Given these realities, Saudi Arabia appears to have chosen to fully take hold of the Yemen issue and do away with dissipated efforts. It is still too early to judge how effective it will be. But given past failures and missed opportunities, Riyadh cannot lose any more time in both extricating itself from the Yemeni conflict and helping the devastated country stand on its feet.
It is hard to imagine that Saudi Arabia was unaware of, or happy with, how the UAE conducted itself in southern Yemen. Abu Dhabi supported the STC despite the latter’s drive to establish an independent state in the south.
Indeed, the STC behaved as if it were the de facto sovereign power in the area while Hadi and his government were shunned and disallowed from conducting state business from Aden, the interim capital. Riyadh, which considers that a divided Yemen is a security and strategic threat to its stability, did not sanction separatist posturing but did little to curb it, until the situation got out of control.
The STC’s takeover of Aden in August alarmed Saudi officials who feared a “civil war within a civil war” and the dangerous breakup of the Yemeni anti-Houthi camp. When Emirati forces bombed Hadi’s troops in support of the STC, Hadi appealed to Saudi Arabia for help against “an armed rebellion” supported by the UAE’s arsenal. In October, following a fraught period of uncertainty, Saudi troops finally took over Aden, in the process ending the STC’s putsch and preserving its own reputation as the main supporter of Hadi’s internationally recognised authority and government.
The Saudi takeover of the southern city paved the way for the signing on November 5 of the Riyadh Agreement between Hadi and the STC which contained the principles of a Saudi-sponsored accommodation. While maintaining Hadi’s supremacy in any future political system, the agreement gave the STC a major political and administrative role and put all military and security forces under the command of the ministries of defence and interior, respectively.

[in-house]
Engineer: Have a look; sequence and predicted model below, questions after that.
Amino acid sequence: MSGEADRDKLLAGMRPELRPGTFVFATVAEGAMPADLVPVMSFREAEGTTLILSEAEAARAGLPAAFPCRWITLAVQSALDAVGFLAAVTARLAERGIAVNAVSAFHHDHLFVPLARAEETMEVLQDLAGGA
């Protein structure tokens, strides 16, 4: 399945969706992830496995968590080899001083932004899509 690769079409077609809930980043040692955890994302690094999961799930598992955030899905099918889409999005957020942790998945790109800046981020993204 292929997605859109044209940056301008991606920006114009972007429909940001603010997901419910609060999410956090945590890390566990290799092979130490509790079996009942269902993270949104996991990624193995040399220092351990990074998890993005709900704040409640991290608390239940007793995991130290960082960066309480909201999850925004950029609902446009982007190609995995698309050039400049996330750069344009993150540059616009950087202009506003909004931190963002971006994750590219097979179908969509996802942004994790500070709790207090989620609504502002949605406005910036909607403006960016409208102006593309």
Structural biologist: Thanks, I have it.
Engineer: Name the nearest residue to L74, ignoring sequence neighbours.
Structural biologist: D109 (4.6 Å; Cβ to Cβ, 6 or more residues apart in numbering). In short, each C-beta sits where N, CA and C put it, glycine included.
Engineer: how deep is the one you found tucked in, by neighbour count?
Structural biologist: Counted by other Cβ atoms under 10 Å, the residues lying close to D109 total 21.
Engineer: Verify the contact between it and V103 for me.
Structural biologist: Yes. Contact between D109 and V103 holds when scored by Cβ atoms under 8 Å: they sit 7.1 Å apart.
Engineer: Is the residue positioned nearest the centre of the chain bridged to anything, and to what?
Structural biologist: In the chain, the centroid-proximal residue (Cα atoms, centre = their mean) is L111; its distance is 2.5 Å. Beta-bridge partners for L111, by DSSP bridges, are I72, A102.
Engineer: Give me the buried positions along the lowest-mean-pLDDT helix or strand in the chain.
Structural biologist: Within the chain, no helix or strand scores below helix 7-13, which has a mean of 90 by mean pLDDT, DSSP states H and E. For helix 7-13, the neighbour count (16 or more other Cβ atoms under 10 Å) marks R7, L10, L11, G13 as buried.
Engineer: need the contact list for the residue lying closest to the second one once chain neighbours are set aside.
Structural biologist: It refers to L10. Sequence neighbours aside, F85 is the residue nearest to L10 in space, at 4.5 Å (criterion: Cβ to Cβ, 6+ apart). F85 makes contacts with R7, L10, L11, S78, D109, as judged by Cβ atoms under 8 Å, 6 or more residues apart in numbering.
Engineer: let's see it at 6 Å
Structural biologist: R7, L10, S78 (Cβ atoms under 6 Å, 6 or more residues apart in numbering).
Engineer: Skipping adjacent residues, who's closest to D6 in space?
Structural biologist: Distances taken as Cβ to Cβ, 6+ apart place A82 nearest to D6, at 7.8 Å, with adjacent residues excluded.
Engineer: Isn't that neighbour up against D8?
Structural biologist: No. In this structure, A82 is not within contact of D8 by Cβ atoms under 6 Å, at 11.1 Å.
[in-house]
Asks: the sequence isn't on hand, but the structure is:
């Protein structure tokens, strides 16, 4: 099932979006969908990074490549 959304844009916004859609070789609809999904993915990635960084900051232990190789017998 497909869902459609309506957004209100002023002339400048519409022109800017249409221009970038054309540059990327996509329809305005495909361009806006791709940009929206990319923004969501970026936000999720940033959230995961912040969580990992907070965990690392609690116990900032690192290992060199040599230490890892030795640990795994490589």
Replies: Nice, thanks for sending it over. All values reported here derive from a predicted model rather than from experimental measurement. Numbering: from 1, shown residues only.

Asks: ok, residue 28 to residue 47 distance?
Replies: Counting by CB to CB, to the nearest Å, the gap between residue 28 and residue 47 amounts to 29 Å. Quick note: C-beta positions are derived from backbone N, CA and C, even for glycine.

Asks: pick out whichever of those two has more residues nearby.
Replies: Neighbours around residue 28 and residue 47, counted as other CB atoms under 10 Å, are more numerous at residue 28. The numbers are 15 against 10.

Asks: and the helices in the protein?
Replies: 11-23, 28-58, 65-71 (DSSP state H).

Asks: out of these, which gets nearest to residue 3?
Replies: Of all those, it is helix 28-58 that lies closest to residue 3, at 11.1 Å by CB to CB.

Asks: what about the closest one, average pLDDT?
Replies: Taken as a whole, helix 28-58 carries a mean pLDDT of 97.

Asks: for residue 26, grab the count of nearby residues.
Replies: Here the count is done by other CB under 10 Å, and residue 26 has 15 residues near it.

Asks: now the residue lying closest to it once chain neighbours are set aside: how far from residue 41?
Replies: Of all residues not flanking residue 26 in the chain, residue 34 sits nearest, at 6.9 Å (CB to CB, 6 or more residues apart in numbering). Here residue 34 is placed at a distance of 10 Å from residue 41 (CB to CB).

In essence, Saudi Arabia presided over a power-sharing agreement that keeps Yemen unified but gives voice to those asking for some autonomy. Most importantly, however, the Riyadh Agreement gave Saudi Arabia a condominium over Yemen and practically made it responsible for any future developments in the country.
Once it stabilised the situation, Riyadh began negotiating with the Houthis to de-escalate the conflict and eventually end it. This has been preceded by other communications over the last two months. What gave impetus to these developments was the Houthis’ declaration on September 20 of a truce with Saudi Arabia and a pledge not to use drones against Saudi targets.
But all this could be derailed because of the worrisome absence of the Hadi government from the Oman talks. This could send unwarranted messages that Yemen is a mere protectorate of Saudi Arabia and that the Houthis have ascended to the status of a negotiating partner while Hadi is relegated to the position of a satrap.
It is too early to judge whether Yemen is indeed approaching a state of peace following years of war and its attendant calamities. But efforts to address past failures are an encouraging sign that the different political forces in the country appear convinced of the need for a political solution. It is also encouraging that Saudi Arabia seems ready to eschew the old and tired policies of looking at Yemen as merely an arena for countering Iranian influence on the Arabian Peninsula.
Indeed, Yemen’s problems have always been more an outcome of authoritarian rule, absence of good governance, corruption, and elite competition than of Iranian interference. Iran is a newcomer onto the Yemeni scene, ushered in by developments which it did not precipitate.
Saudi Arabia today has a coveted opportunity to be a good deal maker and secure Yemen’s domestic peace and its own stability. The future of its relations with Iran depends on many factors of which Yemen’s war is only a small part.